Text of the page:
The high incidence of depression makes it important to evaluate and implement new effective forms of care. This study shows that a care management organisation at PCCs is beneficial for patients with depression as well as for the national economic system. However, the major benefits are obtained on a societal level, while the costs (~14% increase) for increasing quality of care and effectiveness are generated on the healthcare level. As a next step, the Swedish authorities should evaluate whether a nationwide implementation of the care manager programme is feasible. In case of feasibility, the financing of the implementation should include transformation of the societal health insurance (monetary) gain to (primary) healthcare level. Unlike some other countries, Sweden does not have an ‘official’ threshold to determine whether an intervention should be implemented. However, there is an informal rule which considers any intervention below 500 000 SEK per QALY (€50 000) as cost-effective, substantially higher than the estimate reported in this study.26
The results of this study indicate that a collaborative care programme involving a care manager organisation for patients with depression is highly cost-effective in a primary care setting over a follow-up period of 6 months. From a societal perspective, the programme is dominant for both effectiveness measures—DFDs and QALYs—which means that it generates higher health benefits for the patient at lower costs compared with usual primary care of today. This result is of high relevance for decision-makers on a national level. It is further noteworthy that the care manager programme has low implementation costs (education of PCC personnel), which may result in even higher cost-effectiveness in the future.
Contributors AH, MS, CB, AG, DH, IS, E-LP, JW, AM, CW, LW and CM participated in the design of the study. AH, MS, CB and AG handled and analysed data. AH, MS, CB, AG, DH, IS, E-LP, JW, AM, CW, LW and CM drafted and revised the paper. CB is chief investigator and initiated the project, chaired trial management group and is guarantor. All authors had full access to all of the study data and take responsibility for the integrity and accuracy of the data. All authors have read and approved the final version of the paper.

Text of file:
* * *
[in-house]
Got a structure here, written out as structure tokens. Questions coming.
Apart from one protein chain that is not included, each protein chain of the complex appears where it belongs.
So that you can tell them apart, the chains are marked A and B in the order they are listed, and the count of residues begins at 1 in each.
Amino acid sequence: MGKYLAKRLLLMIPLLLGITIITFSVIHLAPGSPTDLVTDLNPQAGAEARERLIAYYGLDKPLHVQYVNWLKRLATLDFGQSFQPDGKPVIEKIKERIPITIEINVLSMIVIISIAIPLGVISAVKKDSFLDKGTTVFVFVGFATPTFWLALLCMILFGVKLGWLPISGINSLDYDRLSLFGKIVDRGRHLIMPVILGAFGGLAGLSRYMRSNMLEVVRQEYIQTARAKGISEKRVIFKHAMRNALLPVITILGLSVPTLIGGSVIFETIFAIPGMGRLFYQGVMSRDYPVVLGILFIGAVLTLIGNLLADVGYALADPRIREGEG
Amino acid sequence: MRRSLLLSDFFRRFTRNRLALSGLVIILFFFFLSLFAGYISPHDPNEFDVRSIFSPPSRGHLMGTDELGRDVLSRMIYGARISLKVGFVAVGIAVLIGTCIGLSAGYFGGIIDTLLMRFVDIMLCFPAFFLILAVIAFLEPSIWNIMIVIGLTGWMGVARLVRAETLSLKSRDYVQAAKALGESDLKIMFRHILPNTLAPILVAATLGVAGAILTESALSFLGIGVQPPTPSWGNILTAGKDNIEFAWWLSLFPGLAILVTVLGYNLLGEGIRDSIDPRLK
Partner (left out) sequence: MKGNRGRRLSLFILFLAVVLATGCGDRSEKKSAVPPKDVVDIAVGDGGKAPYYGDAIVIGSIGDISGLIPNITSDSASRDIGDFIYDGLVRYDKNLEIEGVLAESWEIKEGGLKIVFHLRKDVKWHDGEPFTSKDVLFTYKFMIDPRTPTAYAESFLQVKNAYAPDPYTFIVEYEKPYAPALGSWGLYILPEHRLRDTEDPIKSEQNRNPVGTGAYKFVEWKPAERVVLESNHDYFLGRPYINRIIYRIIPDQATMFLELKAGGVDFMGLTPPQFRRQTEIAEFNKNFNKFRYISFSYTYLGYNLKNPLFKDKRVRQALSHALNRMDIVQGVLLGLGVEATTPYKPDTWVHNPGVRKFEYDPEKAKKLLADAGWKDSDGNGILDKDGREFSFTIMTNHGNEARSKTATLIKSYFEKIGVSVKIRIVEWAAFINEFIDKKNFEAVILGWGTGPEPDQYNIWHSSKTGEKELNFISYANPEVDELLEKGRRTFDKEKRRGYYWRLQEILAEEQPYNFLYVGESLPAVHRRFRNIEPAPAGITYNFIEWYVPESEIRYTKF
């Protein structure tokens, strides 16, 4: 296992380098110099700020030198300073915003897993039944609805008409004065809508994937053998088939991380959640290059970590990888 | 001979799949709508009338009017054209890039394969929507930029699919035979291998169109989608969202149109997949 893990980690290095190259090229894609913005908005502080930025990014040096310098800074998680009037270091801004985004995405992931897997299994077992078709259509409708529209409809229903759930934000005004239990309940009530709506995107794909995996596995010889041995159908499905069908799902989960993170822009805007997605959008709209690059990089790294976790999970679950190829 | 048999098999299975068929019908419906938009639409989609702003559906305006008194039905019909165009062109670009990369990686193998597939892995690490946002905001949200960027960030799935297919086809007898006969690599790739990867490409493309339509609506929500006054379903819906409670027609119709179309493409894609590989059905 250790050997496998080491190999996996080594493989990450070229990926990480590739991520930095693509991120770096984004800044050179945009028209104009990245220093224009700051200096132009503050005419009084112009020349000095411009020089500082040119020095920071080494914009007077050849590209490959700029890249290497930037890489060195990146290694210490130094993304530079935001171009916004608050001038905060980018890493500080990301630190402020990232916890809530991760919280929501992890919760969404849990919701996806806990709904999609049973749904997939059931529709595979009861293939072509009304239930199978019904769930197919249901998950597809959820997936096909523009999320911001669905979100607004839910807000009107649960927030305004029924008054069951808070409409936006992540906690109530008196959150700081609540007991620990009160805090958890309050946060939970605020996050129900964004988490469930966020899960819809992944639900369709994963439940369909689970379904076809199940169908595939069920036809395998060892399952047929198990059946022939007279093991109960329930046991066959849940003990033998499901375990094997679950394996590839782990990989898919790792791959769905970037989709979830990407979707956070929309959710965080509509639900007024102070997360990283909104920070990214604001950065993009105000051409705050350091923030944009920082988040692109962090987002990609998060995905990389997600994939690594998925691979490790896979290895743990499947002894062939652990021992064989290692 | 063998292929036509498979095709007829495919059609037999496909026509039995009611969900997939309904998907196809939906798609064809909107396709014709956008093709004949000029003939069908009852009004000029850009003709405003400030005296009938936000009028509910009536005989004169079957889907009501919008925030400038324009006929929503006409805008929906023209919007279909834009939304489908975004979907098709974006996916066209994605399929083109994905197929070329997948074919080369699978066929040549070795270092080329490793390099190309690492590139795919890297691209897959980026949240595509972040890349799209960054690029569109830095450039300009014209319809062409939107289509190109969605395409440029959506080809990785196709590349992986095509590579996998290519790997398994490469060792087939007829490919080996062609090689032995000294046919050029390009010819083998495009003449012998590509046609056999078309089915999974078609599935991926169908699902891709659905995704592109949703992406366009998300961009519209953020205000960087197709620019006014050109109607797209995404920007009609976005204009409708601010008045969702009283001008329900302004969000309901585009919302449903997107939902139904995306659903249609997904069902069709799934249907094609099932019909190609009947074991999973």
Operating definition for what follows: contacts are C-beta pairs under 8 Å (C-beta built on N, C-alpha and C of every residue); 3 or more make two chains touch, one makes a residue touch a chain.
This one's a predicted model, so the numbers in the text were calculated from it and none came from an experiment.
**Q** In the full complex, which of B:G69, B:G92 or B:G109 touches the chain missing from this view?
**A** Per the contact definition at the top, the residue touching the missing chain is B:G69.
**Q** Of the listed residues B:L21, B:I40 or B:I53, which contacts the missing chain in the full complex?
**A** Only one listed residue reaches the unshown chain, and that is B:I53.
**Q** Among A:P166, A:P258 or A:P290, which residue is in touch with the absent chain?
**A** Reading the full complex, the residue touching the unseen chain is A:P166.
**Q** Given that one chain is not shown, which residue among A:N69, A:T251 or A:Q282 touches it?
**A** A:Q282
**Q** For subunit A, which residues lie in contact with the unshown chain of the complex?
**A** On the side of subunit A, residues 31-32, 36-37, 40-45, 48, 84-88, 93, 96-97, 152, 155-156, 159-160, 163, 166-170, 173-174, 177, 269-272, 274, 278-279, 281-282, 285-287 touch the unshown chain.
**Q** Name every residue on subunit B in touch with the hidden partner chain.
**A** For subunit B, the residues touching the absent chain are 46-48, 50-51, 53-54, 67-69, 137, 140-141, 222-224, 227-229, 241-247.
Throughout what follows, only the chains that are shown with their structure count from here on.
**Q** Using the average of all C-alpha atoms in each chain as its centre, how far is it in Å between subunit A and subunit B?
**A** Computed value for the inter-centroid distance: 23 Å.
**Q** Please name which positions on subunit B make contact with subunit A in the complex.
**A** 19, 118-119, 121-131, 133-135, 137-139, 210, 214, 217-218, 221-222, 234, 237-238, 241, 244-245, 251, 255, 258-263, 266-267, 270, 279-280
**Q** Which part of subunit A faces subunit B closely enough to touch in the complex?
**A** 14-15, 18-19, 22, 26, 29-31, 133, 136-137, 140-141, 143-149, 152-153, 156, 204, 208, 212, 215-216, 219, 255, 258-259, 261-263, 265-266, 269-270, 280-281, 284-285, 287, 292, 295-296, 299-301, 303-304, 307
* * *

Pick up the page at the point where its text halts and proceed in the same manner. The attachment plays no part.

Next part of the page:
Funding This work was supported by grants from Region Västra Götaland, Sweden.
Competing interests None declared.
Patient consent Not required.
Ethics approval Ethical approval was given by the Regional Ethical Review Board in Gothenburg, Sweden (Dnr 903-13; 2 January 2014).
Provenance and peer review Not commissioned; externally peer reviewed.
Data sharing statement The datasets generated during and/or analysed during the current study are not publicly available due to Swedish law, but are available from the corresponding author on reasonable request.
If you wish to reuse any or all of this article please use the link below which will take you to the Copyright Clearance Center’s RightsLink service. You will be able to get a quick price and instant permission to reuse the content in many different ways.